Despite the health pandemic, Haverhill School Committee members learned last week, the YMCA’s summer reading program scored some of the best results in its history. Tracy Fuller, regional executive director of the Haverhill and Plaistow YMCAs talked about the challenges of putting on the program in the era of COVID-19. “Through many conversations of how can we do this safely, how can we launch this program. So, we offered the program this year at Haverhill High School and then we hired four additional teachers to go to our summer camps because, this year more than ever, kids needed summer camp this summer. So, we had a group of eight teachers total that helped support our students this summer,” she said.

Haverhill Promise Launches Citywide Reading Challenge; Prizes to be Awarded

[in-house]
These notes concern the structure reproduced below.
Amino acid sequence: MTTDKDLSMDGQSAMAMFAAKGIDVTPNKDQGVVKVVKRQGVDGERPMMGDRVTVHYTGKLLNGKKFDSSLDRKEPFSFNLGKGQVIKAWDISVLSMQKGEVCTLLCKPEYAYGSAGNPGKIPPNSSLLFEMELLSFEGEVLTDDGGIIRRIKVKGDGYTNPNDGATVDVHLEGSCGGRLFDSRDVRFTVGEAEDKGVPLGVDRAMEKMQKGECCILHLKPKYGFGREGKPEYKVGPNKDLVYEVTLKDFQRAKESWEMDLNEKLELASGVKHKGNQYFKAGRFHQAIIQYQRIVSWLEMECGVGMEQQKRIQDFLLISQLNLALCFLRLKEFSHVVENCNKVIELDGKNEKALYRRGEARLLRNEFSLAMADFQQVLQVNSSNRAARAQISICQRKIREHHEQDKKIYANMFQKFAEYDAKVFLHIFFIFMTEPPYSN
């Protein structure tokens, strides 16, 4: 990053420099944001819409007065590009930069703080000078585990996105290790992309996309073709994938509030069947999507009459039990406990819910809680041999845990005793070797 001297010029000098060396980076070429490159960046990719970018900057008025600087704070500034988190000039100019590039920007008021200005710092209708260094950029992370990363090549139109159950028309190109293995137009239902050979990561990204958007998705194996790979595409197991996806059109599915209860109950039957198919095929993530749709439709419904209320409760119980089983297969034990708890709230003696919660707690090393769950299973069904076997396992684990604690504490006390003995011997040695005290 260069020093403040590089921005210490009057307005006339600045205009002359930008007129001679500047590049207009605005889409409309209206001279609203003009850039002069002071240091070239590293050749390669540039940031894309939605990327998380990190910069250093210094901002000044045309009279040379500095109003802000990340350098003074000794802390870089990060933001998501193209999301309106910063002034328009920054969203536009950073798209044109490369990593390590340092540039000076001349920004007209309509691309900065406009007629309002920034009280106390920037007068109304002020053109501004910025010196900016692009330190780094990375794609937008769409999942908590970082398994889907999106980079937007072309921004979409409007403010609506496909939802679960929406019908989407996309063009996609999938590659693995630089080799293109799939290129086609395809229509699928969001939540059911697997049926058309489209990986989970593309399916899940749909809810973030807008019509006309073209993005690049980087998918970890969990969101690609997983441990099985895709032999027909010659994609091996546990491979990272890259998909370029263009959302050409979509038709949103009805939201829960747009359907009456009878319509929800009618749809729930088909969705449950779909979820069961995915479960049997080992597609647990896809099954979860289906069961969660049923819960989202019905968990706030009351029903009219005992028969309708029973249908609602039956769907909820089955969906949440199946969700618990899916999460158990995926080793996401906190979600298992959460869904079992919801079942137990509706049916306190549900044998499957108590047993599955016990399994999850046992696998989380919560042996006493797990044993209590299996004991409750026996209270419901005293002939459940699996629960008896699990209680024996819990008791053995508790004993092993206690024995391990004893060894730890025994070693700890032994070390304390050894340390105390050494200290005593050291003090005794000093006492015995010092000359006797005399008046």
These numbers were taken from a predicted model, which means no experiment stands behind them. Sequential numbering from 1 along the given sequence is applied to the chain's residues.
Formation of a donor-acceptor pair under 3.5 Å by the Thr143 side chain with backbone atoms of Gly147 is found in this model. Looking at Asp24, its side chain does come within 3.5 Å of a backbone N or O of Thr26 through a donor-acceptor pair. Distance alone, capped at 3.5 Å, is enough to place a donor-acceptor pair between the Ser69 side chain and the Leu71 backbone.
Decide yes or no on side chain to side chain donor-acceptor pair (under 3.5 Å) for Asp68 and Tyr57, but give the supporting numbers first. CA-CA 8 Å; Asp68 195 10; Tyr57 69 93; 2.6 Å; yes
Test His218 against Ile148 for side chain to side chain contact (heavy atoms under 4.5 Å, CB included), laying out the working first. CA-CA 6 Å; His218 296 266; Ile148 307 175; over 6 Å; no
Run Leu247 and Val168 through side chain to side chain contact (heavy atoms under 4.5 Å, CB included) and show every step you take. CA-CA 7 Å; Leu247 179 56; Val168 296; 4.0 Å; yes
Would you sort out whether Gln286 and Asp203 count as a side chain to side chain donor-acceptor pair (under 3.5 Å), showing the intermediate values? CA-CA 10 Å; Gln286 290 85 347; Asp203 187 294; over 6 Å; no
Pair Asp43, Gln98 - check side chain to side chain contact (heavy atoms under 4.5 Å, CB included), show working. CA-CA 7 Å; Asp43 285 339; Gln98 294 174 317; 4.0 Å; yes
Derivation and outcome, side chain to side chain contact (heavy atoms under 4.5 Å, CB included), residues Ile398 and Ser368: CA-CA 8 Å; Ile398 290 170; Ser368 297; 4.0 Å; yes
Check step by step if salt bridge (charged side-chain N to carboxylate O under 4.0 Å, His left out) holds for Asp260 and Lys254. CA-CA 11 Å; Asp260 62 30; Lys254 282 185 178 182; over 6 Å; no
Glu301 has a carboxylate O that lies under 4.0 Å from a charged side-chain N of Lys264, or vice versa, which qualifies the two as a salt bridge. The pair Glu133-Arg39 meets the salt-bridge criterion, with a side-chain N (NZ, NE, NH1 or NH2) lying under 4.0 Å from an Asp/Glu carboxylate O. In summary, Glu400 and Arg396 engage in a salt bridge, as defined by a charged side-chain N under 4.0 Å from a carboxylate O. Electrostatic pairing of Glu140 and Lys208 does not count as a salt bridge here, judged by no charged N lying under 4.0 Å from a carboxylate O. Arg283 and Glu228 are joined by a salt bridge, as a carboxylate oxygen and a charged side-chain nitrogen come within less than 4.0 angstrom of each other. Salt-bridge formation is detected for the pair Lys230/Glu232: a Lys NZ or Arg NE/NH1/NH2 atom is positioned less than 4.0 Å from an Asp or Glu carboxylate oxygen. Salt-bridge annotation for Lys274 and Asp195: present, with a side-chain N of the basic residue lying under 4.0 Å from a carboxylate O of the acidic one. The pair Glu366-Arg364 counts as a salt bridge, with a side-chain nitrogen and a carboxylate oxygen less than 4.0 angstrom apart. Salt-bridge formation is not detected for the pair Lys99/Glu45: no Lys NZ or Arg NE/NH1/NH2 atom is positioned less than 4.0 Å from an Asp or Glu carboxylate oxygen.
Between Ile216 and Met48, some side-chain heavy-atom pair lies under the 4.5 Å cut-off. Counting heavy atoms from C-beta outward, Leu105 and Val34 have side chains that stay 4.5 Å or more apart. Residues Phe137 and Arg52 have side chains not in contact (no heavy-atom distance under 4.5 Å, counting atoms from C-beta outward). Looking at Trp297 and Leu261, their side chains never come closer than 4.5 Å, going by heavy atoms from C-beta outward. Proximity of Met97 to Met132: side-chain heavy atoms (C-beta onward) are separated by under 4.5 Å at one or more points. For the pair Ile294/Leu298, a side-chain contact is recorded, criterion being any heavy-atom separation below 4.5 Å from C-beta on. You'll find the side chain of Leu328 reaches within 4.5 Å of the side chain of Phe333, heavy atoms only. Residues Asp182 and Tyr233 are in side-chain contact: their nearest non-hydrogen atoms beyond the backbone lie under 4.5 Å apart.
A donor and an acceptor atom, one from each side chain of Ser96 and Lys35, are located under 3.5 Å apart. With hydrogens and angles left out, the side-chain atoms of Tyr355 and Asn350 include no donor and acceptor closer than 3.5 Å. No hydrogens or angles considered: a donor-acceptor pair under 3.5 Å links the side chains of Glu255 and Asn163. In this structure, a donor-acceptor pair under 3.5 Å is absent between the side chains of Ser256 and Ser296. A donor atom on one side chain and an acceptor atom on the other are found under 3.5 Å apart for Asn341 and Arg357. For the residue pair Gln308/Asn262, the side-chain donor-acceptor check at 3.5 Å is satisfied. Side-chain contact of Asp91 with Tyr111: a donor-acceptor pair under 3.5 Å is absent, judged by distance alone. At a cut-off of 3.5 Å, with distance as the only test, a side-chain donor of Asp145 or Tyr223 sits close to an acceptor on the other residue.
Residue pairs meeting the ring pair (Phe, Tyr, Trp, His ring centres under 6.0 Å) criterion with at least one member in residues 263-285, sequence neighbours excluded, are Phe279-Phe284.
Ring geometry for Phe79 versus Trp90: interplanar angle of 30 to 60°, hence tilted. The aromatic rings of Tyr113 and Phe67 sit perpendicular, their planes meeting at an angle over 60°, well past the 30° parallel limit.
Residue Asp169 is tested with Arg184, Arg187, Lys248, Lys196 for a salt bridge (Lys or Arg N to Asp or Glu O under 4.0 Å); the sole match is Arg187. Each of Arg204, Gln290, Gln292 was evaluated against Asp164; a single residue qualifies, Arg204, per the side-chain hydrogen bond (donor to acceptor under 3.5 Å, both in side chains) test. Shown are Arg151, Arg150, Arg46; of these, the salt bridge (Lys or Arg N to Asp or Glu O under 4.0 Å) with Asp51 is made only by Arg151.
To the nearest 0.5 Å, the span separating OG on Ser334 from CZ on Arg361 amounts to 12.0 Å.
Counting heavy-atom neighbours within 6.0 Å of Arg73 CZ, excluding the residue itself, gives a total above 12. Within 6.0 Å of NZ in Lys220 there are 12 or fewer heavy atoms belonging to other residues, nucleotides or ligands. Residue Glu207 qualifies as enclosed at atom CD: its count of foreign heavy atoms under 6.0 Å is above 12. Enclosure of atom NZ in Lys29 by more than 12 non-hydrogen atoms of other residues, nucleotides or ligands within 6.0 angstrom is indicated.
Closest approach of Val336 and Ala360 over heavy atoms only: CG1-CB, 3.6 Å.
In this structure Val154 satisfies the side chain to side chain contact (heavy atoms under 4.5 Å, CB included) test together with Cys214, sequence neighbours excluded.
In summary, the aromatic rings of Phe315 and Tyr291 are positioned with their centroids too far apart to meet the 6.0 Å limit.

Haverhill Promise, the Campaign for Grade Level Reading, has launched a citywide Reading Challenge for Haverhill Students to help encourage daily reading throughout the COVID-19 learning disruption. Starting this week, students in pre-K-12 who attend any school or preschool program in Haverhill are asked to begin tracking their daily reading time and posting about their reading on social media. Since students of all ages are invited to participate, and interests may vary, the focus is less about the quantity of books being read, and more about the amount of time spent reading, according to a statement from Jenny Arndt, campaign director. The U.S. Department of Education recommends that students read aloud for at least 20 minutes each day during long breaks from school to keep learning and sharpening their reading skills. Economically disadvantaged students are especially at risk for losing valuable progress in their reading achievement when school is not in session.